An entry in the Record of Rights and a certified entry in the register of mutations shall be presumed to be true until the contrary is proved or a new entry is lawfully substituted therefor.
This provision is the same in character as that which has long prevailed in Bengal under S.103 B, Ben. Ten. Act, and it is most important that proper effect should be given to such a statutory presumption. The suggestion that it is materially weakened by the mere consideration that when the record was made the appellant was a minor and that his property was being managed by the Collector on his behalf cannot be accepted; and if it be the case that at the time of the preparation of the record the permanency of the interest of the tenants was not disputed this circumstance of itself in no way detracts from the force of the presumption. So far as regards the five cases which came before the High Court on second appeal the findings of fact of the District Judge, though not his conclusions as to their effect in law, would prima facie be conclusive in view of Ss. 100 and 101, Civil P.C.: 54 IA 178 (7) at p. 185.
But the existence of the Record of Rights does not appear from the judgment of the learned District Judge to have been appreciated by him, and as he has given no effect whatever to the statutory presumption, their Lordships are unable to regard the appellant as taking any advantage from the circumstance that five of the cases were dealt with in the High Court upon second appeal. The questions of fact as well as of law were open to the High Court and must be considered by the Board. The broad question before their Lordships is whether the Record of Rights is shown to be untrue, and the view arrived at by the learned District Judge as entitling the plaintiff to succeed in ejectment is that under the autbandi system there was no settled tenancy in the village, the same lands not being cultivated in different years by the same people, cultivation and tenancy being "quite uncertain and fluctuating." The evidence of the plaintiff's witness Mahadev is directly opposed to such a finding; and, though it is not clear from his own evidence whether his knowledge of the system is extensive or gained at first hand, it cannot be regarded as insignificant, coinciding as it does with other evidence firmly pointing to the conclusion that autbandi tenants had permanent interest in specific land.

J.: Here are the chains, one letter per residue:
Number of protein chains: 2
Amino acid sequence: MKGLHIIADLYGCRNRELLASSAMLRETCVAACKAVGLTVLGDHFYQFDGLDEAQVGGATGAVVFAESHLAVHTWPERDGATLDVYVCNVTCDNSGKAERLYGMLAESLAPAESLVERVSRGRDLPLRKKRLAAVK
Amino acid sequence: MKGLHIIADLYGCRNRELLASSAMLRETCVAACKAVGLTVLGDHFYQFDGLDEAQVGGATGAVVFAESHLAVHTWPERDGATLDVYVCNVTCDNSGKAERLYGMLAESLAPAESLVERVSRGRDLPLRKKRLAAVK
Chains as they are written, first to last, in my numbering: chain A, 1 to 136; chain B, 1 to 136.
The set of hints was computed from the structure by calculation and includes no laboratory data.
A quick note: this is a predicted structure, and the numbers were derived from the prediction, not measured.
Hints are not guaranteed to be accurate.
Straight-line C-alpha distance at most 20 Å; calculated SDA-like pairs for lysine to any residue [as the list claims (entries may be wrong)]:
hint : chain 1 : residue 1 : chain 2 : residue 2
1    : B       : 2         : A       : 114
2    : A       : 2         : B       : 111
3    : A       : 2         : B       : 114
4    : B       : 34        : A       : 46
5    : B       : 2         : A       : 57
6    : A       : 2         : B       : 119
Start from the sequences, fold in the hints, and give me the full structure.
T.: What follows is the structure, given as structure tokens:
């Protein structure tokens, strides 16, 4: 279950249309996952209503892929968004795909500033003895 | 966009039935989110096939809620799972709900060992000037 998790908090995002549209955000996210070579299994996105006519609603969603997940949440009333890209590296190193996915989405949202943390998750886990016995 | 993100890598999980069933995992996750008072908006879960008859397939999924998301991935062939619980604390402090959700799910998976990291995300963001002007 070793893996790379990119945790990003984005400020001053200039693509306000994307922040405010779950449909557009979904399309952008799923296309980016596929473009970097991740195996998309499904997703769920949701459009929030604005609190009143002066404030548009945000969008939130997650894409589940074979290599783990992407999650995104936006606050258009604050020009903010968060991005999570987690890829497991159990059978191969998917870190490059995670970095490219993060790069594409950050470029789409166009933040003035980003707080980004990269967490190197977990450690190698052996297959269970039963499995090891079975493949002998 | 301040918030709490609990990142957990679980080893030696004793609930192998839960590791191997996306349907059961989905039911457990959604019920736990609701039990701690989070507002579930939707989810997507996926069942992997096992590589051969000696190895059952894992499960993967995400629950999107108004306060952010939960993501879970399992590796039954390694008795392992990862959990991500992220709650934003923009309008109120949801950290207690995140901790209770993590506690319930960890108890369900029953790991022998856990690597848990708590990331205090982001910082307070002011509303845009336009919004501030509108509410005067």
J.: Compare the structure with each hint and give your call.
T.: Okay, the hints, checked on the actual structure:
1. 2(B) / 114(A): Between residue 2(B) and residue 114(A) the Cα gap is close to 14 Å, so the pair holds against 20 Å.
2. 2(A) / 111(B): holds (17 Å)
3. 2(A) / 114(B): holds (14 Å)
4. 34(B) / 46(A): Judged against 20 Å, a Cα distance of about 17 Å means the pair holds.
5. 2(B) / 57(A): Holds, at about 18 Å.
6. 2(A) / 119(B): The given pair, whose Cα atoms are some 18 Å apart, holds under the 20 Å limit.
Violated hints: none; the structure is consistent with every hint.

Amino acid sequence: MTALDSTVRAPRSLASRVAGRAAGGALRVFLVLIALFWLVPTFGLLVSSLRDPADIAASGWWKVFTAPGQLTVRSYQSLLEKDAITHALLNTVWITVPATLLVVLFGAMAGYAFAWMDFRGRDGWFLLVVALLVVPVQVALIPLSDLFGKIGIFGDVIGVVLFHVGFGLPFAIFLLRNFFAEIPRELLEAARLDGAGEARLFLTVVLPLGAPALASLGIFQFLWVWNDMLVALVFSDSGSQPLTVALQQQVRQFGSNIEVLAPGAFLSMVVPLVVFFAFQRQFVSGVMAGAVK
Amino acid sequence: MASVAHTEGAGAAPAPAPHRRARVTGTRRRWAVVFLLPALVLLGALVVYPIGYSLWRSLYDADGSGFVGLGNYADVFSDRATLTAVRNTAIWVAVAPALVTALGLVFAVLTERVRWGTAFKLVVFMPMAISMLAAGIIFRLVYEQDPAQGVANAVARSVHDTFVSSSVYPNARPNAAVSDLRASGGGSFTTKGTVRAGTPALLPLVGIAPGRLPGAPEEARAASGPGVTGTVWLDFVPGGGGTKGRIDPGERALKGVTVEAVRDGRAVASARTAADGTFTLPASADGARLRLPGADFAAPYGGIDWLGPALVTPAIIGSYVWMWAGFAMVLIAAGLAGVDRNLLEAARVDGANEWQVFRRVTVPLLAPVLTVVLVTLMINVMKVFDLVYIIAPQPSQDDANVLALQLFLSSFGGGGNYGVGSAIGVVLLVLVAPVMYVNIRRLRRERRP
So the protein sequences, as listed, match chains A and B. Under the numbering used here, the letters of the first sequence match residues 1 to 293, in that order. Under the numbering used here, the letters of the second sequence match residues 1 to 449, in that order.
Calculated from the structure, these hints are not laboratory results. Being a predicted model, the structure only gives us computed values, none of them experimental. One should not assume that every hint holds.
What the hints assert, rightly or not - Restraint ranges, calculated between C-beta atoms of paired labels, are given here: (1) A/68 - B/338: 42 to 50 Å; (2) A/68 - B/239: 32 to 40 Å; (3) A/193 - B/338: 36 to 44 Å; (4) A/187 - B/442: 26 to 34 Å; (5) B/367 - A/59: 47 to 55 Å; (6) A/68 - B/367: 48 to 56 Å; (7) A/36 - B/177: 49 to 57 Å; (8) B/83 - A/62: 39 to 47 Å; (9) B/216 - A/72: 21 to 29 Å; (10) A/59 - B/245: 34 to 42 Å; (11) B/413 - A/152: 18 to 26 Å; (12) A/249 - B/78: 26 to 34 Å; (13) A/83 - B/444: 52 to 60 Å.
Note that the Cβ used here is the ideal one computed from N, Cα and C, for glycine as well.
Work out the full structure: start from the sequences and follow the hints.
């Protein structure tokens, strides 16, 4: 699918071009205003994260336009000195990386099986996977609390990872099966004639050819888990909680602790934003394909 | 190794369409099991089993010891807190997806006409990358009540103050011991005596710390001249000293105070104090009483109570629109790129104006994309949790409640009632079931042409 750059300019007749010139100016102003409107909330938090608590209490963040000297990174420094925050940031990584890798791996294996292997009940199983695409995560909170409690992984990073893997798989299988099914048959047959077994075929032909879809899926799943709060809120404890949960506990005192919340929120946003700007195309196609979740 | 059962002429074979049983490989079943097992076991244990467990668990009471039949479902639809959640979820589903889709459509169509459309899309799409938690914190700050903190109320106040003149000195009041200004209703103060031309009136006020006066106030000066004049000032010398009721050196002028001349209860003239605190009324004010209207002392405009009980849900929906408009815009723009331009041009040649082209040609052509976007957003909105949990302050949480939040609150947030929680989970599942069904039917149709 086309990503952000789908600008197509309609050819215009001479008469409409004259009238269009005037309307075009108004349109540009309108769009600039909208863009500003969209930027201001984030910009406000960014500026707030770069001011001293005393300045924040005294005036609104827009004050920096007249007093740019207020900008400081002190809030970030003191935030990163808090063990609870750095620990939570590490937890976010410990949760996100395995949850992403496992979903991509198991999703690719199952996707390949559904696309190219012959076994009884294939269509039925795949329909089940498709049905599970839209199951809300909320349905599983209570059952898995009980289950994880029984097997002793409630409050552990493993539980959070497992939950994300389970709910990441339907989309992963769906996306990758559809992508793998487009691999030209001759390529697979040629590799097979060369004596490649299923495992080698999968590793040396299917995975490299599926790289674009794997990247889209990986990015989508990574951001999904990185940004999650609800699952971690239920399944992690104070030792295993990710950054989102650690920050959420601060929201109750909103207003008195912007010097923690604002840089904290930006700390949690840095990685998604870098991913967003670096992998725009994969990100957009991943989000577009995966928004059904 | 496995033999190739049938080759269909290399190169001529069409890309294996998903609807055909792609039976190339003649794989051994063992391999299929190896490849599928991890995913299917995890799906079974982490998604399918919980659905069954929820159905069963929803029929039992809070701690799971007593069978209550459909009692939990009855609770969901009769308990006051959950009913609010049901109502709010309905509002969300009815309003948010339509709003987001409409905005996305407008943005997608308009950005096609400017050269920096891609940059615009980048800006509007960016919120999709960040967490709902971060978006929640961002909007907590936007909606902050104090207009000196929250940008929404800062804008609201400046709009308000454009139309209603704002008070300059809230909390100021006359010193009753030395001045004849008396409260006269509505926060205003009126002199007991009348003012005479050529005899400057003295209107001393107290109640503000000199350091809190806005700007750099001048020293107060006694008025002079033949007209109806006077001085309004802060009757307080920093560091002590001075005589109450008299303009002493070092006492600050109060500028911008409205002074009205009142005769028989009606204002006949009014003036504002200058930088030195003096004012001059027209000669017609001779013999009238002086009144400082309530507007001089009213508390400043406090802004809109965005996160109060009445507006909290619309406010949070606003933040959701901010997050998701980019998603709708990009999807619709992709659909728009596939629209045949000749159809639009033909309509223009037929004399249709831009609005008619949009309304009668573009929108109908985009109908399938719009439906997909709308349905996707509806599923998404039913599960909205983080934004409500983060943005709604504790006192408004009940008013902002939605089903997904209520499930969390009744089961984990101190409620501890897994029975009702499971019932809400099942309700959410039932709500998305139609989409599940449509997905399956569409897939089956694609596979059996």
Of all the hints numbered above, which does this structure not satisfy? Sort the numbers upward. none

The main features in this other evidence must now be indicated. In a jarib-kharda or rough draft of a land survey it is entered by the mamlatdar of the Shahada Taluka for the year 1901-02 that Nathu, father of the contesting respondent, possessed 38 ploughs in the village, "35 permanent as of the last year and three additional in the current years." In similar documents for the years 1897-98 and 1898-99 the same reference to permanent ploughs is to be found. In 1912 when enquiries were being made as to the position of the cultivators in the village the assistant manager, who was acting as an officer of the Collector during the plaintiff's minority, stated before the mamlatdar that the khatedars had always been in management of the same lands, that there was no practice of cultivating lands in one place in one year and in another place in another' year, but from the time when lands came to be cultivated they have been in the management of the respective tenants only and their lands have been fixed. He stated also that on this understanding the khatedars had executed purchases as well as mortgages and that decrees of Civil Courts had recognised these rights. This witness is shown by one of the documents to have been kulkarni of the village in 1901-02 and their Lordships are of opinion that his statement was rightly admitted under S.13, Evidence Act. The transaction of sale and mortgage entered into by tenants in respect of lands held on the autbandi system are, as the High Court notes, too numerous and important for it to be supposed that the inamdar or those acting on his behalf did not come to know of them or considered themselves entitled to object to them.